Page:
Discover stories behind the latest exhibitions, fascinating explorations into maritime science and archaeology, and the surprising details of what happens inside (and outside) a modern working museum.

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Nicole and Penny

Nicole Cama and Penny Edwell (the artist formerly known as Penny Hyde) work as Digital Curators at the Australian National Maritime Museum in Darling Harbour, Sydney. We blog about events, people and most importantly - the museum's collection. We hope to open up the museum's collection to virtual visitors, blow off the dust and reveal some of the wonderful objects and stories held in the archives and storage rooms of the museum.

Ron and Valerie Taylor and their quest to protect

12 Sep 2012

Three days ago, we lost one of the most highly regarded marine conservationists this country has ever produced – shark expert and underwater filmmaker Ron Taylor. Since the 1960s, Ron and his wife Valerie pioneered underwater photography and rigorously campaigned for marine conservation.

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King Neptune, his wife, a surgeon, a barber and - some bears

07 Sep 2012

The danger of sea travel and the mysteries of the ocean have produced some elaborate and fascinating mythology over the thousands of years humans have been at sea. At the whims of weather and water, the rough and adventurous lives of sailors and seafarers led to the creation of a wide variety of superstitions, omens and rituals.

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A Sterling day out with the family

30 Aug 2012

My latest research efforts have been focussed on an American shipping family, headed by shipowner and master, Captain Edward Robert Sterling. During the 1900s to the 1920s, Samuel J Hood would take his trusty Folmer & Schwing Graflex camera to Sydney Harbour to photograph vessels and their crew and passengers.

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The sinking of TAHITI - a disaster captured on film

24 Aug 2012

Passengers peer through windows on the deck of the liner VENTURA and hang over the ship’s railings, completely engrossed in the scene in front of them. Some are still climbing ladders up the side of the vessel, while others wait in lifeboats below.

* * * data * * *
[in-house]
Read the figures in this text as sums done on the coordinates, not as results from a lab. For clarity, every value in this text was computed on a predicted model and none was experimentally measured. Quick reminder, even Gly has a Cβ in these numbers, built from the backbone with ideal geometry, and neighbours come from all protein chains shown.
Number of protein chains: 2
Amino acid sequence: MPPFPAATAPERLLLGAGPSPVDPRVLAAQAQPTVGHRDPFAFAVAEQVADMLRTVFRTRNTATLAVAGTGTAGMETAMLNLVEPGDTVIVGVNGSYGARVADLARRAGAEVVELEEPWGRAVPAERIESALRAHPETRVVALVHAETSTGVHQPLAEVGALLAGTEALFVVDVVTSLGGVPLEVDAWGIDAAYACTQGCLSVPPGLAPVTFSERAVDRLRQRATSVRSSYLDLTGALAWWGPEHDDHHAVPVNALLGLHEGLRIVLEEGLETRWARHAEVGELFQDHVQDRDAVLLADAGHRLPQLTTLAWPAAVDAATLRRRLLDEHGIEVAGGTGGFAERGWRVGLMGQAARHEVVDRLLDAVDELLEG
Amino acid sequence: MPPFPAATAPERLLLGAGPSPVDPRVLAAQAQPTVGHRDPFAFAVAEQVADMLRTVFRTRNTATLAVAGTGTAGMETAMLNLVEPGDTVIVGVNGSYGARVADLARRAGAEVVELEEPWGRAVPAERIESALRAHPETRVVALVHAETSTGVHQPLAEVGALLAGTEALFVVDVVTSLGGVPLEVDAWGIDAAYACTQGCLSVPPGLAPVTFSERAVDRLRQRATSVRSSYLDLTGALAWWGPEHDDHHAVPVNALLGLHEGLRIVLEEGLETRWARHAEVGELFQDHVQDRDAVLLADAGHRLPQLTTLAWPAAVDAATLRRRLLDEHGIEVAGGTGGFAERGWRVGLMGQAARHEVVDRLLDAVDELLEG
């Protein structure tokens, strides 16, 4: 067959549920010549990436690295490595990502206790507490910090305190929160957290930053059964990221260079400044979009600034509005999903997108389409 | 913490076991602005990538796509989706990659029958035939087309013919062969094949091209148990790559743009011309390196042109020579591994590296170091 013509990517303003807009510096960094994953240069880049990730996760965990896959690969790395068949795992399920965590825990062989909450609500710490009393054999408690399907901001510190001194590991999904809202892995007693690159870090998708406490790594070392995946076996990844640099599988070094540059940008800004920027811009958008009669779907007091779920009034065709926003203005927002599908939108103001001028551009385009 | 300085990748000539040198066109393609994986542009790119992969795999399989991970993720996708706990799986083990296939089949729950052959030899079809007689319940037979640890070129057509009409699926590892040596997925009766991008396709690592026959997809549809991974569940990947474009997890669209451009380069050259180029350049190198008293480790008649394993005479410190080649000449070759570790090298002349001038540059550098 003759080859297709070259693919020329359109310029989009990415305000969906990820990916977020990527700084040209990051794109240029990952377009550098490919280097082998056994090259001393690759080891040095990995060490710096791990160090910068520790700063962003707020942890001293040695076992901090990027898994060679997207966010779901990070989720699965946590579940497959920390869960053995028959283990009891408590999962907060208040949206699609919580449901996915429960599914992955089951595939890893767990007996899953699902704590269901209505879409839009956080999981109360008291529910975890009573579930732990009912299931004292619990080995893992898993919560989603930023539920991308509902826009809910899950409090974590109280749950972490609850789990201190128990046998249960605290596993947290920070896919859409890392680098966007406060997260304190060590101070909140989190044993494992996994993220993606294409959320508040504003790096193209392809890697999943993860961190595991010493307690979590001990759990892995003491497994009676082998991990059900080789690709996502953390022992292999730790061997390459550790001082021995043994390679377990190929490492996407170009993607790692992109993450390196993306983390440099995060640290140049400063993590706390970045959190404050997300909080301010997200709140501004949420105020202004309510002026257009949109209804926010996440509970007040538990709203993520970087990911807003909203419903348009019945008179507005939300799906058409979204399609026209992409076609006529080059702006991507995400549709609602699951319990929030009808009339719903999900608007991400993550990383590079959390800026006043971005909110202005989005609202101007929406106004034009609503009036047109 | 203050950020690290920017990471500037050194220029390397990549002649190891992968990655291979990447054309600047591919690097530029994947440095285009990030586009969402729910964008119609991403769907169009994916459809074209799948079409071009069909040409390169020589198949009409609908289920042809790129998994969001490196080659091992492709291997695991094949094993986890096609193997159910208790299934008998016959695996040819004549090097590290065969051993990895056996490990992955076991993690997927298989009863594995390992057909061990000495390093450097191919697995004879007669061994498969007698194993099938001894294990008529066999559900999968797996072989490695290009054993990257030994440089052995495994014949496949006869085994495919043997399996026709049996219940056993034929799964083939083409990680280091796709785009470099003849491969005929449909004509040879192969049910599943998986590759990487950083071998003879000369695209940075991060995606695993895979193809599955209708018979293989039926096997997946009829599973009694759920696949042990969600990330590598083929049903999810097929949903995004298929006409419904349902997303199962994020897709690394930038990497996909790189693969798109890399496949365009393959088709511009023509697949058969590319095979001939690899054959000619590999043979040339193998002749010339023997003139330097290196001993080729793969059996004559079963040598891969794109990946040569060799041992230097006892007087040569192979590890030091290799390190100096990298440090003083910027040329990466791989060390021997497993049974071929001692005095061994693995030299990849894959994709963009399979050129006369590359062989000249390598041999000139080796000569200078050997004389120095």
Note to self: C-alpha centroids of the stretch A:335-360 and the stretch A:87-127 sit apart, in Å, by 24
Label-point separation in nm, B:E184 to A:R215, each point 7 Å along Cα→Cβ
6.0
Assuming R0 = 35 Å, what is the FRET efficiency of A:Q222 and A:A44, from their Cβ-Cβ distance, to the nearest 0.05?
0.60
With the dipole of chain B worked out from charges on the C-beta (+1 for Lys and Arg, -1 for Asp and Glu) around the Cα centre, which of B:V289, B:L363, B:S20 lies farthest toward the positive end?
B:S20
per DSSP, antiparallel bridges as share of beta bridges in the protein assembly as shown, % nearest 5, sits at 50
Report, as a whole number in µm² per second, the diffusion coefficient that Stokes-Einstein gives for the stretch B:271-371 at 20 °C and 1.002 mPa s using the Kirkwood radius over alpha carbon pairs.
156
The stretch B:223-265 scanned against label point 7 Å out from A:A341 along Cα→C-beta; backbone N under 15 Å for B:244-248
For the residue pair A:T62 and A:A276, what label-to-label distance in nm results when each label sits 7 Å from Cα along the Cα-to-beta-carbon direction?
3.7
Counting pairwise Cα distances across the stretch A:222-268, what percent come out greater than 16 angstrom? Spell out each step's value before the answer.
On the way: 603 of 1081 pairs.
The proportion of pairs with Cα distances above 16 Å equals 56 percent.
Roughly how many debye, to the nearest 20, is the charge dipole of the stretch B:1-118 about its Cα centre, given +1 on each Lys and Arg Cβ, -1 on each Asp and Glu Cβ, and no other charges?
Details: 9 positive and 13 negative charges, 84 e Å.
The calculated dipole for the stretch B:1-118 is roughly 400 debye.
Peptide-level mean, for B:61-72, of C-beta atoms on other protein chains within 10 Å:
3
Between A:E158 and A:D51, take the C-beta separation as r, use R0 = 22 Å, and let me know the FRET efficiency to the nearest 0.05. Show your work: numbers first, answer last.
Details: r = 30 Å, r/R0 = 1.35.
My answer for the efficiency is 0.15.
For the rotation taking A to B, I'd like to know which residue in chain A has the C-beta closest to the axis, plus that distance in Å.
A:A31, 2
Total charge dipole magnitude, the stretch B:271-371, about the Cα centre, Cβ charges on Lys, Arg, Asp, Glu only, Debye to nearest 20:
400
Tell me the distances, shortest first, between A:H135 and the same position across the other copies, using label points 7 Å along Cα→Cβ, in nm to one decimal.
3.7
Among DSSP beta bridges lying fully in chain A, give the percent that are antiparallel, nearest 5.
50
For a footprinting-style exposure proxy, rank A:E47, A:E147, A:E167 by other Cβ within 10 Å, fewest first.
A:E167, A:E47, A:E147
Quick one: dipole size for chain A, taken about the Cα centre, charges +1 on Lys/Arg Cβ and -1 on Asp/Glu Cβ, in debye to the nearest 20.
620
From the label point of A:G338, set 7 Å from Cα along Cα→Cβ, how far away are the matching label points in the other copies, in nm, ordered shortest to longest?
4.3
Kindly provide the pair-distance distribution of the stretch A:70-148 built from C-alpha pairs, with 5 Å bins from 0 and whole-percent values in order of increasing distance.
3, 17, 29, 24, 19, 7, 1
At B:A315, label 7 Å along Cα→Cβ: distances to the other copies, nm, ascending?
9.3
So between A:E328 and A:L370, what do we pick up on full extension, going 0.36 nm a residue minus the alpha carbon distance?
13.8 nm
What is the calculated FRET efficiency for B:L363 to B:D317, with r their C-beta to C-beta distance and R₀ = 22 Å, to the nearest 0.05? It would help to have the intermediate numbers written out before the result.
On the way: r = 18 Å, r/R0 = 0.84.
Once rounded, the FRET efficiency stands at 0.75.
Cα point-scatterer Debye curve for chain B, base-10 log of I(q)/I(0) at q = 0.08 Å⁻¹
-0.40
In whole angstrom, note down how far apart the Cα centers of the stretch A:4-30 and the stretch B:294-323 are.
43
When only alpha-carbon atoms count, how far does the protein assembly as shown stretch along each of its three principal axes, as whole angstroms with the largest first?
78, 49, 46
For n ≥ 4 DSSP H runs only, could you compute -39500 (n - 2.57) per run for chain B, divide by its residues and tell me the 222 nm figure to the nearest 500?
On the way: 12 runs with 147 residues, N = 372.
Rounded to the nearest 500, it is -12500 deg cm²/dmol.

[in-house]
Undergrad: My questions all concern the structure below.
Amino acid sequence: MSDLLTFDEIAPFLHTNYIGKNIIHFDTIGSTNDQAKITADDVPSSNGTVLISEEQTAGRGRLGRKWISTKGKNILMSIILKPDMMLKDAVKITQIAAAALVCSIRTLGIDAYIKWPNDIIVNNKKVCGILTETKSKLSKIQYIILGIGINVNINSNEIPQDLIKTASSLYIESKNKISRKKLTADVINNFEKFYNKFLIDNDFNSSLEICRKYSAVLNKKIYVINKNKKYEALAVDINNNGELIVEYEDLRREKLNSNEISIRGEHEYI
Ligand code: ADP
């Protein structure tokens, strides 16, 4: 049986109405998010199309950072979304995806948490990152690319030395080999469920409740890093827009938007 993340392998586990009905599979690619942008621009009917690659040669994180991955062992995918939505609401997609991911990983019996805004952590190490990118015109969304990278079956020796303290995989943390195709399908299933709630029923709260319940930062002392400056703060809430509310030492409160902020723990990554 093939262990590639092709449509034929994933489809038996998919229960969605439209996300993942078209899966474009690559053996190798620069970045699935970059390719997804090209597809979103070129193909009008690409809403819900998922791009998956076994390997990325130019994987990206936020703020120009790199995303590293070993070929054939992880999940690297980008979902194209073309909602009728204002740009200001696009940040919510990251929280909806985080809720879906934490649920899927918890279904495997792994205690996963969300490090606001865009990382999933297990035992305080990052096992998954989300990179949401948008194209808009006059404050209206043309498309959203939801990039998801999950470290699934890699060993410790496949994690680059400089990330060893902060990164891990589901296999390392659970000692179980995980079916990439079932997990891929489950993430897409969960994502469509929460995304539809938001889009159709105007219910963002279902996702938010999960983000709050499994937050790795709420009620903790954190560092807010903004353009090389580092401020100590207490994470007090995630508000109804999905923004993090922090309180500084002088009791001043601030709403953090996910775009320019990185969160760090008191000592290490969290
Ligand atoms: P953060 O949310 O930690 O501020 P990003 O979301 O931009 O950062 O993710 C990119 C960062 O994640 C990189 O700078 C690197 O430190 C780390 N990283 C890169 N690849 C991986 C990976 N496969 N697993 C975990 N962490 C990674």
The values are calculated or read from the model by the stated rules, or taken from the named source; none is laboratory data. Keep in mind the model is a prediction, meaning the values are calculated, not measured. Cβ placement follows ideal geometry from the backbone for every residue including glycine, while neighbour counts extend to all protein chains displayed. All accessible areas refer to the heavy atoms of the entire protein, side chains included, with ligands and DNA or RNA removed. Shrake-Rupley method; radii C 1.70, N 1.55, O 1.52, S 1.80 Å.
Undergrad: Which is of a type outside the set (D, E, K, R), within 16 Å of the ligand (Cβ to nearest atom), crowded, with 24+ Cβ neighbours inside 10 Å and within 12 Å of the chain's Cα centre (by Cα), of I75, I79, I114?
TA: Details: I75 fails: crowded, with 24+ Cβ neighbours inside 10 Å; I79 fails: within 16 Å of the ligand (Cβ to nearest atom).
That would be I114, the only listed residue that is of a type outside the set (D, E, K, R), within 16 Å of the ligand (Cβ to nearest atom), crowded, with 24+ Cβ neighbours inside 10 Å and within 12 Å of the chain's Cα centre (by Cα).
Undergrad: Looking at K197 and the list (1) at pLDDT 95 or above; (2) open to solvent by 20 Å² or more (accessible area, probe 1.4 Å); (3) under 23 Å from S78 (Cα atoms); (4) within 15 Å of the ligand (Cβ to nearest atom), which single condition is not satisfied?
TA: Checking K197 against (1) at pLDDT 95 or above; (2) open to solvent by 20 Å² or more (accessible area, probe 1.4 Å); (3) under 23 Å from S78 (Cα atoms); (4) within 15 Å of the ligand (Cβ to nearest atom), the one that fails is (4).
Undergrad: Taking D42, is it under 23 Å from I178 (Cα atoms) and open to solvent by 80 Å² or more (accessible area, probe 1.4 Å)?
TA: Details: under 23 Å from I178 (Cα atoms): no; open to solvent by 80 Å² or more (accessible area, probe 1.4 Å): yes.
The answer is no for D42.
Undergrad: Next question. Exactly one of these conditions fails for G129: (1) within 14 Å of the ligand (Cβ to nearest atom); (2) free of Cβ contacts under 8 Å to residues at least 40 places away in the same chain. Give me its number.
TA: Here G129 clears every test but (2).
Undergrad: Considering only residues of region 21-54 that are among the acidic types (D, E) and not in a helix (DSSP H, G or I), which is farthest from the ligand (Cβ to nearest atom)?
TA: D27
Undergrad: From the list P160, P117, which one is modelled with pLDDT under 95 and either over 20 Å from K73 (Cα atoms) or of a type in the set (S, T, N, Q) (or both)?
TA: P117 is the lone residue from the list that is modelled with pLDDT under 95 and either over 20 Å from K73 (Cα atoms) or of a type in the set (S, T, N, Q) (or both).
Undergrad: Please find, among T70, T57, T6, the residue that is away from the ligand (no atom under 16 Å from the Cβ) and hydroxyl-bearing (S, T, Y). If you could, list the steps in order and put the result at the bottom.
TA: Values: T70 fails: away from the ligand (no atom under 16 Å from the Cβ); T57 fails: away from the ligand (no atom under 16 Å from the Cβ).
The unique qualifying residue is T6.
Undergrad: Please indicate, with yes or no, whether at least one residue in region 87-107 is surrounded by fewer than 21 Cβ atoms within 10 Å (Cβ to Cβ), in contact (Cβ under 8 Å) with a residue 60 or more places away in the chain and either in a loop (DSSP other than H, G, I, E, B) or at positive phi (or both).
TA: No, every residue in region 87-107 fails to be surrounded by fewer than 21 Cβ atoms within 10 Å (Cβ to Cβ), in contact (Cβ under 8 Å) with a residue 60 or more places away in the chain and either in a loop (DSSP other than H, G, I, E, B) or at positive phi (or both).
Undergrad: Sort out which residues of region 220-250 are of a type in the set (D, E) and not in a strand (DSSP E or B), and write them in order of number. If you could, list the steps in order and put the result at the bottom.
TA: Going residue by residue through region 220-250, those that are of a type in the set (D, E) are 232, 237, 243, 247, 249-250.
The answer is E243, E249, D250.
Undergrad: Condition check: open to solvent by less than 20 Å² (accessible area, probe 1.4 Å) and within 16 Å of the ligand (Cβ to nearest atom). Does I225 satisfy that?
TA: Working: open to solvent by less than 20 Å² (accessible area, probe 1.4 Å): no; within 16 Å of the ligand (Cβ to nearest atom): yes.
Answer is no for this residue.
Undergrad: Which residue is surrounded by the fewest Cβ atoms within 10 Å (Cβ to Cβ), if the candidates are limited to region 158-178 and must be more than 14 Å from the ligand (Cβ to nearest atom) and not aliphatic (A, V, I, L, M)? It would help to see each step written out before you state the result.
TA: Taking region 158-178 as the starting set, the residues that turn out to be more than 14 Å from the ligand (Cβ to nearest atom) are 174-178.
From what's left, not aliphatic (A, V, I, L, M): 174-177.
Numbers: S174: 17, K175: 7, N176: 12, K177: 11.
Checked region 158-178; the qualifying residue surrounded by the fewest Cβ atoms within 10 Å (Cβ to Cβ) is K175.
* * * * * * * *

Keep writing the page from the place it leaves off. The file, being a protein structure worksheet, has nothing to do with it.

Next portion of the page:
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lighthouse

Heroic deeds and the humble lighthouse keeper

15 Aug 2012

What was life like for a lighthouse keeper? I spotted this engraving, ‘The Lighthouse-Keeper’, which was published in the Australasian Sketcher in the 1880s. The sense of solitude and contemplation is striking and it occurred to me that there is often much emphasis on the lighthouse as a sturdy, dependable symbol of navigational safety, but less on the figure of the lighthouse keeper.

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Shaping the unknown land to the South

07 Aug 2012

Maps are fantastic storytellers. At first glance they provide a collection of scientific data, information to be read like a coded book, a tool for guidance. However as they evolve into historical items and beyond their practical use, maps offer additional and unique dimensions to historical narratives.

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The Lady Rowers of the YWCA

25 Jul 2012

In case you hadn’t yet heard, the Olympics are just about to roll around again. As July comes to a close the Olympics will commence, captivating the world as it showcases the physical heights of human potential and creates history in its wake. Clearly this is an excellent opportunity for museums such as ours to combine a very Australian love of sports with a little history.

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The lone fisherman

16 Jul 2012

There’s something ambient about Kenneth Macqueen’s The Beach Fisherman, 1934. A man stands barefoot on a beach, fishing line in tow, with the shore stretching out further than the eye can see and the clouds threatening rain in a decidedly gloomy way.

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